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Five tips for increasing your chances of securing that next foundation grant.

So you find yourself sitting at your desk, patting yourself on the back for finally dropping all those letters-of-inquiry, otherwise known as LOIs, in the mailbox and (hopefully) making their way into the hands of foundation decision makers. You spent precious time on it, making sure that the margins were perfect and the words painstakingly tailored for that specific foundation, and you just hope it doesn’t go to die in a pile of dusty letters.

If this sounds familiar, you are not alone. Many nonprofit development personnel find it difficult to know what the next steps are after sending an LOI to a foundation. They often succumb to behaving like little worker bees, focusing on the next batch of letters to be mailed out – writing, printing, stuffing, stamping, praying, and then doing it all over again. These tangible menial tasks can be soothing to some employees. Easy boxes to check off.

However, sending out an LOI is only half the battle. To see successful outcomes, you need to follow up and make sure your letter is in the hands of the right foundation decisionmaker.

Here are a few tips to help you follow up with a foundation after sending them an LOI and increase your chance for securing that next foundation grant.

1. Make a phone call.

Call the foundation, ask for the person you addressed your LOI to, and if you’re lucky enough to get them on the phone on the first try, politely ask them if they’ve received your letter and if they’ve had the opportunity to read it. If they have, ask if they have any questions and what the appropriate next step might be, i.e., proposal submission. Be sure to thank them for their time.

Now, don’t leave your charm back home. Remember to be personable. Hopefully you’ve done a bit of background research on this person (or have hired American Philanthropic to do the research for you) and can find one small piece of common ground to talk about while you’re on the phone. 

Almost always, you should ask if they’re willing to meet. Nonprofits that meet with their donor prospects are much more successful at fundraising than those who don’t.

Remember, at the end of the day, fundraising is all about building relationships.

Now what if they don’t pick up the phone?

2. Call again. And then again.

Try to call them at least three times over the course of a few weeks, leaving a message each time. I heard a foundation executive once say, “it’s amazing how quickly some nonprofits give up. I’m busy and often can’t get around to responding to a nonprofit for quite some time. If I see that a nonprofit doesn’t try to contact me more than once, than it’s a sure sign that they aren’t serious about working together.”

If you still do not receive a response,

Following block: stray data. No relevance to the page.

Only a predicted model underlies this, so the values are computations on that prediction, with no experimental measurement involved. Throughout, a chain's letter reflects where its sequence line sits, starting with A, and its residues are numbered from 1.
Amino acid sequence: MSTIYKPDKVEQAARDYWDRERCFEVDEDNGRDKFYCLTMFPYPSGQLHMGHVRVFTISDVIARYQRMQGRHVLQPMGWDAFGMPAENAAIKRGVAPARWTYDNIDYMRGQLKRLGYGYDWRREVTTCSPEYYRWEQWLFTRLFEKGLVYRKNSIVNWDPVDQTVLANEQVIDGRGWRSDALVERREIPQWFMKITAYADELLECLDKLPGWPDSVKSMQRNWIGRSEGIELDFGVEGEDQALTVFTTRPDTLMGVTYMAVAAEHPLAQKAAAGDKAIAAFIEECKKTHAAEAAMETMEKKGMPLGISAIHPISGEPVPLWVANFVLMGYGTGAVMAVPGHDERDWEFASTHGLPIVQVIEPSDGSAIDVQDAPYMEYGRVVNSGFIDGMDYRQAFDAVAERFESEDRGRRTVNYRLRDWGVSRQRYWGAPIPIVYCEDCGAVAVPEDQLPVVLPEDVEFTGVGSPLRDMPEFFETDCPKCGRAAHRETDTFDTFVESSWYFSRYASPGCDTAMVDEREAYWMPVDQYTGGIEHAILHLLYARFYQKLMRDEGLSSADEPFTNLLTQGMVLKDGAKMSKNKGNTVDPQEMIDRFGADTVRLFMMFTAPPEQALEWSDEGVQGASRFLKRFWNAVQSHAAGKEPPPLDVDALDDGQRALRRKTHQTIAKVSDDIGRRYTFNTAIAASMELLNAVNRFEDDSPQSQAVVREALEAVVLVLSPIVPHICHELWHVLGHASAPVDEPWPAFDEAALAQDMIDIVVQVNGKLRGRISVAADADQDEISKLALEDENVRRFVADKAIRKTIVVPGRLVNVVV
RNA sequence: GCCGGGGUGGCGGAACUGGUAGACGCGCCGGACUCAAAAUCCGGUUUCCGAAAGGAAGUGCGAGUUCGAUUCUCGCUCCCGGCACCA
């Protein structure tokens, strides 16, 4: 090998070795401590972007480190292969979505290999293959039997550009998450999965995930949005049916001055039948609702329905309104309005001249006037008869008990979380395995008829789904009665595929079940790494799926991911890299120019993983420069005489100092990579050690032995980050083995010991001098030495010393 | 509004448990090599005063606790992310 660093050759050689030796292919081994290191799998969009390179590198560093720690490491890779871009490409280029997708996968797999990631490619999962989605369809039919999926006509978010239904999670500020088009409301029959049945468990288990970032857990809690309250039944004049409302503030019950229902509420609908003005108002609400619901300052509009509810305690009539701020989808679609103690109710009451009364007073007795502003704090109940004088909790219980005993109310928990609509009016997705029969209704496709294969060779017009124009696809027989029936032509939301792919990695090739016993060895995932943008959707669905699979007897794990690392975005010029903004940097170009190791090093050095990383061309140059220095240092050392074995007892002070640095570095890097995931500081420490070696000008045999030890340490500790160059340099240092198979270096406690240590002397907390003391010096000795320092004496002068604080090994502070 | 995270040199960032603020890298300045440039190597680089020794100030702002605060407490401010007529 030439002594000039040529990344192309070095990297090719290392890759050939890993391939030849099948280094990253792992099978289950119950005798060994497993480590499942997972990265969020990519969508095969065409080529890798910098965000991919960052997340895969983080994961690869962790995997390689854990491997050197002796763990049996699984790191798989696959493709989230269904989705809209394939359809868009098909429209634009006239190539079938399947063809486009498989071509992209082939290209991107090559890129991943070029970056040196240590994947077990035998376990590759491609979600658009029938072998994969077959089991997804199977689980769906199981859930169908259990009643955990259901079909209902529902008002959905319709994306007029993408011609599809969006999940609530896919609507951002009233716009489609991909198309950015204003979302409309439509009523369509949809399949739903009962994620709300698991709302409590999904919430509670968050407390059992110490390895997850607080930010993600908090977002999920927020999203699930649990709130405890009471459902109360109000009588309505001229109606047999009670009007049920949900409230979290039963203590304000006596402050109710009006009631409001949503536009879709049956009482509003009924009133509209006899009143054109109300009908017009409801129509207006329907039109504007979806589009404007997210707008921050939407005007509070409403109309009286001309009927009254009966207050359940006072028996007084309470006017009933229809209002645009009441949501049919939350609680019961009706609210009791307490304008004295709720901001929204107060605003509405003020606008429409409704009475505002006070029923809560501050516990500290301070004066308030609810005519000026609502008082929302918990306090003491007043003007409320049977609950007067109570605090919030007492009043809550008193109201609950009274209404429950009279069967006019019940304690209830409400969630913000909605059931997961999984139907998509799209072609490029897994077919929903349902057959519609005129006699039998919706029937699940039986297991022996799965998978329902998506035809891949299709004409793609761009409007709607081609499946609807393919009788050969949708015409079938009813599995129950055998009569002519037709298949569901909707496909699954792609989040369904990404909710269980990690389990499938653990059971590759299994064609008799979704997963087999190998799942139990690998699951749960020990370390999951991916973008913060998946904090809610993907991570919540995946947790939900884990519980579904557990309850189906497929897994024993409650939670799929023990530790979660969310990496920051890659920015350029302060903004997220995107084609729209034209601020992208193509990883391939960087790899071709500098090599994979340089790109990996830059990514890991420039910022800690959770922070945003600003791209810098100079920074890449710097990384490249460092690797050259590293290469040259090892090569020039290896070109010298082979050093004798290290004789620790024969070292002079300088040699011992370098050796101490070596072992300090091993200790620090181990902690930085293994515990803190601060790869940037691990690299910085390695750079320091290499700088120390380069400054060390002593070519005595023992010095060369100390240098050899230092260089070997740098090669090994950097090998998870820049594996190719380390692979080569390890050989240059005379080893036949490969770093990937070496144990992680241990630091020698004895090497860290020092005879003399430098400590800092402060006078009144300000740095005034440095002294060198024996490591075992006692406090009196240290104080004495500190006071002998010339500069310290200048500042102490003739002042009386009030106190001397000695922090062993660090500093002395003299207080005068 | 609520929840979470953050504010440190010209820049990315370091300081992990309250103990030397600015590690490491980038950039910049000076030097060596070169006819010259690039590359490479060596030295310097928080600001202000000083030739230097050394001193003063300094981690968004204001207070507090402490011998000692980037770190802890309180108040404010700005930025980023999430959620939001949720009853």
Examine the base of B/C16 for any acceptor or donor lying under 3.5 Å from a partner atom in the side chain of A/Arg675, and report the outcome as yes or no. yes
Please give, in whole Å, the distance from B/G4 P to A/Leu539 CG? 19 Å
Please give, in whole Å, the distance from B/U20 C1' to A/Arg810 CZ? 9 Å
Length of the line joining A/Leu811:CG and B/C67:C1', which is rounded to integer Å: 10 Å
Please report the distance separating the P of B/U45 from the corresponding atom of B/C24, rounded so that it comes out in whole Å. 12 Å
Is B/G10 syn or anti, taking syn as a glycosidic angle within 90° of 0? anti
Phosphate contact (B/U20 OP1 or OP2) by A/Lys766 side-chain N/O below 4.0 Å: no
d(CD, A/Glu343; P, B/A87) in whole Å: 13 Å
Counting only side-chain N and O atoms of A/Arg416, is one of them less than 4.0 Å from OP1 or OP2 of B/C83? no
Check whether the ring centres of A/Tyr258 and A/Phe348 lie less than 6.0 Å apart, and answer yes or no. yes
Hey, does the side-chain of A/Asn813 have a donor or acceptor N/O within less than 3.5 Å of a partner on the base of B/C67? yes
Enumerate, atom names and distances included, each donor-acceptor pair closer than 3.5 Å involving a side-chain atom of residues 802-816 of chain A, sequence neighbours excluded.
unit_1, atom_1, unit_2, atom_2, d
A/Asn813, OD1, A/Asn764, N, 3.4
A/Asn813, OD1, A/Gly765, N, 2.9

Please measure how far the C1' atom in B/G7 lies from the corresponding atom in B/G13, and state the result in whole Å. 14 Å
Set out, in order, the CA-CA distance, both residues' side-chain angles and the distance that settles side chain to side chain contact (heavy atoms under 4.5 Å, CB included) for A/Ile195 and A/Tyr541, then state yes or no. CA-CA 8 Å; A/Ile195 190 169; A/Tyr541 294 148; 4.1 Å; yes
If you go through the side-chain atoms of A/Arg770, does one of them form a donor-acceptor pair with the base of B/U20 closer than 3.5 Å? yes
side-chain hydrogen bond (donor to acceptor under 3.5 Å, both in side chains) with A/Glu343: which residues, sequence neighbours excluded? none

3. Send them an LOI the following grant cycle or year.

Many times, receiving a grant from a foundation whose mission you align with is about catching them at the right time. Maybe they can’t allocate funds for you in this grant cycle but it’s possible that an opportunity for a new grantee presents itself in the following.

 4. Lastly, don’t get discouraged.

If they respond with a rejection, take the opportunity to ask the foundation for feedback. Is there anything you can do differently in the future? Should you have sent it out at a more appropriate time in their fiscal year? What kinds of projects is the foundation looking to invest in over the coming year? Take this as a learning opportunity and unless they explicitly say to never send a letter, send an LOI again in the future.

5. A few more ideas.

Send an email or fill out their ‘contact us’ form on their website asking if they’ve received your LOI. If one of your board members or contacts knows somebody at the foundation, ask if they can introduce you or at least mention that you’ve sent in an LOI.

Pick quality over quantity, every time. Better to churn out less LOIs and make sure that you’re doing everything in your power to give the LOIs you do send out the best chance of success. Following up with foundation prospects is an important and essential step in the inquiry process.

It’s my personal and professional goal to help purpose-driven organizations achieve their fundraising goals, craft clear and compelling communications, and achieve greater influence. Please let me know if and how I can be of help to you. Feel free to shoot me an email at lpallares@americanphilanthropic.com or check out our services online at AmericanPhilanthropic.com. We also have ongoing fundraising seminars and events throughout the year.

3 thoughts on “You sent a Letter of Inquiry, now what?”

  1. Richard says:

    Thanks for your help. Thanks for sharing your thoughts with all of us. Great!!

  2. Adamu Aliyu says:

    I was enrolled in some courses but dateline 29/06/2018. Does it mean I miss them.

  3. Howard says:

    I have a lot officers under me, and we generally find (it took a while to get used to) that a lot of people are screened out by our schedule. But I myself, not them, sign all NO letters.

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